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Czech Republic: Bohemian Switzerland

1st August 2012

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The Czech Republic is a student paradise, with cheap beer and plenty of hostels,it’s clear to see why every summer the place is teeming with backpackers. However, I find it a great shame that what brings many students to Czech Republic is the nightlife and nothing more. As someone who doesn’t regularly drink, I want to let everyone know what lies outside of five–room nightclubs and jelly shots.

Czech SwitzerlandThe main purpose of my journey was to go to a camp in “Bohemian Switzerland”, which lies by the Elbe Sandstone Mountains, near Děčín. It is around two hours from Prague, and the train ride alone makes it all worthwhile. The train follows the Elbe River, and the view is utterly breath taking. With the wide river and dense forest, it feels less like Switzerland and more like a journey into the heart of the jungle.

The train itself is worth mentioning, as it is so radically different from travelling by noiseless, modern trains. Instead, you have the individual wooden cabins and the track rattling beneath you in a charmingly old-fashioned way. There is no greater pleasure than opening the cabin windows wide and feeling the fresh air blast against your face. Listen to the train pounding the tracks and gulp in the fresh, open countryside that makes such a refreshing change from the cramped cobbled streets of Prague.

After the gorgeous train journey, my destination was Děčín. As you get close to the station entering the city, you should look out for the castle, you can’t miss it. The castle is steeped in history, playing host to everyone from Bohemian Kings to Soviet Troops.After a 10 hour journey we were far to tired to enojy much of what Děčín has to offer, which is a shame.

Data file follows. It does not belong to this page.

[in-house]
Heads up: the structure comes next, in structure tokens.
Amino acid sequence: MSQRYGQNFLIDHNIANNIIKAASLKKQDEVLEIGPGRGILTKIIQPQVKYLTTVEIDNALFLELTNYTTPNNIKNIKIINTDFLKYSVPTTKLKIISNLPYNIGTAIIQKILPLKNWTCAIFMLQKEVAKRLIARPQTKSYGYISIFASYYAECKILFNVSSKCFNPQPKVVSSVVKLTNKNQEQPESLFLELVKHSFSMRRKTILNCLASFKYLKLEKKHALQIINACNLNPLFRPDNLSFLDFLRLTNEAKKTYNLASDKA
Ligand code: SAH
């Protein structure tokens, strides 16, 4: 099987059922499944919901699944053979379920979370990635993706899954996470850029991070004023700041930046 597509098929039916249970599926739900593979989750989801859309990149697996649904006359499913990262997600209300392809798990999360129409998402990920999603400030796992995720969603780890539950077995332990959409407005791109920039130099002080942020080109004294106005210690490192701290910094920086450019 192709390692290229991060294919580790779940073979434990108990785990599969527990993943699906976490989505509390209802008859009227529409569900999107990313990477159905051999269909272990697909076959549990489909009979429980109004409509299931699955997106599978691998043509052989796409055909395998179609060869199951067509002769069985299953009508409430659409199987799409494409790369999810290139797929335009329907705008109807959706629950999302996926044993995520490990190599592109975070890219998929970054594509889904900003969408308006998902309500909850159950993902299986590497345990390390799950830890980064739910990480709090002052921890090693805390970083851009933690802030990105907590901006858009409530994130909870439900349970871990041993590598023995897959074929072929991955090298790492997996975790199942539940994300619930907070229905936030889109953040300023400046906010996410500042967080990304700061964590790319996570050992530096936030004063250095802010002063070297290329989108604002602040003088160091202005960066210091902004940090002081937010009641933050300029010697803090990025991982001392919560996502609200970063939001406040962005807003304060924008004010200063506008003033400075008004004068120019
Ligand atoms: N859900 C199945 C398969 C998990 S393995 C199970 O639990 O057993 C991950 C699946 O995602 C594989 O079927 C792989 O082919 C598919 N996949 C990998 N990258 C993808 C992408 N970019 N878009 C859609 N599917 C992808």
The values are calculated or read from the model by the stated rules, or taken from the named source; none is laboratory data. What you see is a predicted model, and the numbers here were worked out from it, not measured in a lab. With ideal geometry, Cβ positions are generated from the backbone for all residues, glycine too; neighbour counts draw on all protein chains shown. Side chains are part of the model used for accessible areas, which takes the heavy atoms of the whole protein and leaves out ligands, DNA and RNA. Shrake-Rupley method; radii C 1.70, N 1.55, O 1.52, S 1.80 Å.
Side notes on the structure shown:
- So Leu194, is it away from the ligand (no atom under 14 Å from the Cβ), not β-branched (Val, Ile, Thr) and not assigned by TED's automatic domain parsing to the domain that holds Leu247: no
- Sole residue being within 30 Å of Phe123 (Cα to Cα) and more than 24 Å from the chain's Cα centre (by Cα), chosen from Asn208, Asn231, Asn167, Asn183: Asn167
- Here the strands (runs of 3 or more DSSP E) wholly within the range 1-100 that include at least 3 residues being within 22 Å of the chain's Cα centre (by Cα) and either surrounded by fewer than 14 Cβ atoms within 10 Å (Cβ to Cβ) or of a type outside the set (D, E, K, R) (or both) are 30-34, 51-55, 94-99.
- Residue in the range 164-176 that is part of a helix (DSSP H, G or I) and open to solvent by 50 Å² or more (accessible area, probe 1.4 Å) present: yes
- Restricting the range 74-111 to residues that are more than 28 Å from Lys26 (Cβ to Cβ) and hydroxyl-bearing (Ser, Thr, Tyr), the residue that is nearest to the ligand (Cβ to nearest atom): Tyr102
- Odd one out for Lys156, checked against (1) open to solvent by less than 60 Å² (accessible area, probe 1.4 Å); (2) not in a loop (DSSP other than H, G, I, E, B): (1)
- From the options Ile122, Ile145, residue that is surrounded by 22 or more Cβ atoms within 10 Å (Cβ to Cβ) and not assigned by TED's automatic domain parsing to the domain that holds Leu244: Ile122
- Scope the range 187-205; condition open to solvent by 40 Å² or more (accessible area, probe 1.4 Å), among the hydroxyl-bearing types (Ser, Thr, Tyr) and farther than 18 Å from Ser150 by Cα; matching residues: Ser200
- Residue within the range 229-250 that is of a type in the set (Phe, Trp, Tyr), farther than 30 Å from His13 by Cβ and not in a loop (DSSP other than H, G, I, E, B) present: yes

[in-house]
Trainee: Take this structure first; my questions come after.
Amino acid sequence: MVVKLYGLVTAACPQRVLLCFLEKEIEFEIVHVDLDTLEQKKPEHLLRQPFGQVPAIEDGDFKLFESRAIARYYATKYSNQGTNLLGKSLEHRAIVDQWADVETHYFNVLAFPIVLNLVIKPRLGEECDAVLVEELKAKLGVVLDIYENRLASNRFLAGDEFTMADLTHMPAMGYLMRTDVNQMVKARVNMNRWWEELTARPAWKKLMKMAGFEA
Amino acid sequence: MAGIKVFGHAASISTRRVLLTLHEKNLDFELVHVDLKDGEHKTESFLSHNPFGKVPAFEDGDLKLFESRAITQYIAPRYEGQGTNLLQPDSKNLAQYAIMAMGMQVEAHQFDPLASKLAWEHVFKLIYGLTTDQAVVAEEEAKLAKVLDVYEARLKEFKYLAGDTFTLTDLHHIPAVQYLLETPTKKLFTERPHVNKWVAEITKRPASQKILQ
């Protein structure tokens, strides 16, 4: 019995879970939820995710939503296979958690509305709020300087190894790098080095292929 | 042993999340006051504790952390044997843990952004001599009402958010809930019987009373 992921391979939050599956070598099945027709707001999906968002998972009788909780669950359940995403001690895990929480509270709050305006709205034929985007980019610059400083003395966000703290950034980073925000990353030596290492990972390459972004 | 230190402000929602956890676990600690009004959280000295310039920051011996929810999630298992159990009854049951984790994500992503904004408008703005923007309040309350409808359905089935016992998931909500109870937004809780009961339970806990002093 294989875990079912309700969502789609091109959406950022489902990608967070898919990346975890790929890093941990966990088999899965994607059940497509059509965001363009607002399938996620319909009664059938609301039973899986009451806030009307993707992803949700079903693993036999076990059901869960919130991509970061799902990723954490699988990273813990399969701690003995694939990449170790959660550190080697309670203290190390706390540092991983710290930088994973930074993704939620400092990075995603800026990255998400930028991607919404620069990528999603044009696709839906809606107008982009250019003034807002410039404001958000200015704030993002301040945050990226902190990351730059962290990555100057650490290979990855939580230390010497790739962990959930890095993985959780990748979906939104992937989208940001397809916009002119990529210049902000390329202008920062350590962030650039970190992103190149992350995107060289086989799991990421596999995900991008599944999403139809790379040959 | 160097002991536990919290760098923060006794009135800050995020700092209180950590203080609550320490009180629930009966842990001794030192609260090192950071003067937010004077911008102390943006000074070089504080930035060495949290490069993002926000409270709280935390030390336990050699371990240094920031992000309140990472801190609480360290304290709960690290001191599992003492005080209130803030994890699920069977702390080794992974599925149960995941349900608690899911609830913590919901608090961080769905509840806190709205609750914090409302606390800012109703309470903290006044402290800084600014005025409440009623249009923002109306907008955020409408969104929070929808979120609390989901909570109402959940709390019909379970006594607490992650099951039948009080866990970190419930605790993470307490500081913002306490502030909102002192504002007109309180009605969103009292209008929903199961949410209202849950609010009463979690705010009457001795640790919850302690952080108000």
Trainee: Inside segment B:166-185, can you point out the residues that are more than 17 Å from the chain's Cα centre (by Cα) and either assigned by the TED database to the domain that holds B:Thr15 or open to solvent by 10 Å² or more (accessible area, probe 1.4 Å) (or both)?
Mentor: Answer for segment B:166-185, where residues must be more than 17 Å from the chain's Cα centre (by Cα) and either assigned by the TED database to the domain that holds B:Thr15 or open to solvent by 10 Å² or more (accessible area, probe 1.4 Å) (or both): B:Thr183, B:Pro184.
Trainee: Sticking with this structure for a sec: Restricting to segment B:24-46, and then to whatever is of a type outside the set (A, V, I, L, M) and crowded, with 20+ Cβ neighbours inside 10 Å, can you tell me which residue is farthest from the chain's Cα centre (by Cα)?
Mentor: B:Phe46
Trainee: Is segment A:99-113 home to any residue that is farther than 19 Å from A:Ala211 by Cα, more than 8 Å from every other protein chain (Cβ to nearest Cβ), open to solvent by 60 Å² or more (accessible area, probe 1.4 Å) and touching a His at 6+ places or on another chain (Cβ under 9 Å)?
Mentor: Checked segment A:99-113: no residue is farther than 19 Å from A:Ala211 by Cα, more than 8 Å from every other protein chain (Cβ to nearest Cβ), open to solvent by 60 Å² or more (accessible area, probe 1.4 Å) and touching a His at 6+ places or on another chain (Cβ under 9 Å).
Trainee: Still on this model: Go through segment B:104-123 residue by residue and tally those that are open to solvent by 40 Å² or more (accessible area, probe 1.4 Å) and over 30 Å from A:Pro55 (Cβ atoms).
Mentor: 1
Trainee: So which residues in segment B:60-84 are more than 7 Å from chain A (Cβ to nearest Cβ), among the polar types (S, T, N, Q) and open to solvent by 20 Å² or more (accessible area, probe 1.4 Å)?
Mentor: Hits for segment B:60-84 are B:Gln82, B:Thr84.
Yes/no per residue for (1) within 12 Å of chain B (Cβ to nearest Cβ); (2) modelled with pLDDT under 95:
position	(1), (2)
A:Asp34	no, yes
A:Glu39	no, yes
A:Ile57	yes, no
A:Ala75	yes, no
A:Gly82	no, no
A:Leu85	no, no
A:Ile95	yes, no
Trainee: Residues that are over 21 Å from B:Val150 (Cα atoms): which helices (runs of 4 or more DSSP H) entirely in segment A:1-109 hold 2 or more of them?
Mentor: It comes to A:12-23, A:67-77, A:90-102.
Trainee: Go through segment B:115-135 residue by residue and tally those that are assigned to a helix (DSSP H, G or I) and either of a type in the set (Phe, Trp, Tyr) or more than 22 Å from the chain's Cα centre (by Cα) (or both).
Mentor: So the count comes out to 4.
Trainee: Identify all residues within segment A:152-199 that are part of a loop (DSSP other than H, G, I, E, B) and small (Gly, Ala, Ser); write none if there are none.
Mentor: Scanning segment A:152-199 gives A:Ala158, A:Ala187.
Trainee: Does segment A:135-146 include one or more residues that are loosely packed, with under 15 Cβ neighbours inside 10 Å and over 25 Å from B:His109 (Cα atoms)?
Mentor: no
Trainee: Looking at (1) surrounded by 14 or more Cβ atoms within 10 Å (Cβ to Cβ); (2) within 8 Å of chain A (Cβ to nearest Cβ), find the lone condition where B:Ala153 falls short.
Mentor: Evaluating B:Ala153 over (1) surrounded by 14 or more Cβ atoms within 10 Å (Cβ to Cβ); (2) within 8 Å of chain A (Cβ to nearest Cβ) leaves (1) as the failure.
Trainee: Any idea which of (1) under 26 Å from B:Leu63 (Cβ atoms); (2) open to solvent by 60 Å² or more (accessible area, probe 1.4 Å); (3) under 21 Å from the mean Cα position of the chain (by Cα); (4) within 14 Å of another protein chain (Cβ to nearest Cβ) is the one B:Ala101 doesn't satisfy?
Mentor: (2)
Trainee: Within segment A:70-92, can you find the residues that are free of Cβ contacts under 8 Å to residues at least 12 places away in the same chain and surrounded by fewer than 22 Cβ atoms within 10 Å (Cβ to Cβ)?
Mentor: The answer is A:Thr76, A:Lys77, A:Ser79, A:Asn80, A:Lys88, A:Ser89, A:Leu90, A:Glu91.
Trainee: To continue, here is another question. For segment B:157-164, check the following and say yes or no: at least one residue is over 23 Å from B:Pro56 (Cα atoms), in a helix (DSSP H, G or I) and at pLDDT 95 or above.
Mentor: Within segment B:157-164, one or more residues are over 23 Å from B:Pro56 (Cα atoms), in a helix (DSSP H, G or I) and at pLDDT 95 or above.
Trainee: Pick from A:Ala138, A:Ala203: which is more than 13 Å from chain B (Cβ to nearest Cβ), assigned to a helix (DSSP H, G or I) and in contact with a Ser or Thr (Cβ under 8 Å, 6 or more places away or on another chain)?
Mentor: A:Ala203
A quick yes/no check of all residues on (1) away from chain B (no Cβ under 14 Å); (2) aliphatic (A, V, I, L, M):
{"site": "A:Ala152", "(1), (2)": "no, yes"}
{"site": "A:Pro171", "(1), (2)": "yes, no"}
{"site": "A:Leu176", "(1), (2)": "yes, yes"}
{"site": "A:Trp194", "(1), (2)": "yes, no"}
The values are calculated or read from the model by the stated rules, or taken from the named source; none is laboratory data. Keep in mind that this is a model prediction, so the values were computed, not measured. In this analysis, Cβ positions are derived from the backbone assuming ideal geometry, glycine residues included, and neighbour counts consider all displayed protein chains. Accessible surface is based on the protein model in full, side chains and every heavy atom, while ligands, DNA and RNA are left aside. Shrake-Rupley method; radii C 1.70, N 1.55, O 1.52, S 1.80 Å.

Our camp,  Intercamp U Ferdinanda, couldn’t be in a more ideal location; surrounded by forest, vast rock formations and a rocky river to ruin your feet in. They speak little English there, but relatively good German, so it might be useful to brush up on your high school language lessons.

One thing I noticed is that Czech cuisine isn’t for vegetarians, or the smaller appetite. More than once I saw a menu item that was basically a pile of meat smothered in cheese, and always in huge portions. I took a special liking to the Pork Knuckle with potato or bread dumplings and sauerkraut - which is technically a German dish but found almost everywhere. Wash it down with a dark beer in the sun and a plate of Palachinka - although I can’t explain why the latter is different from your average crepe.

After time spent hiking and escaping the real world, I went to Prague. It was my first time there, and not my last. I’d confidently say it is the most beautiful city I have been to so far. Prague has more charm than places like Copenhagen or Paris, with its packed little side streets and very few modern business buildings ruining the skyline. However, it can get very packed, making you feel more like cattle.

So whilst Prague is a beautiful city with an amazing history, try visiting elsewhere in the Czech Republic, rather than seeing it as a pit-stop before Budapest, or a messy weekend trip with your mates.

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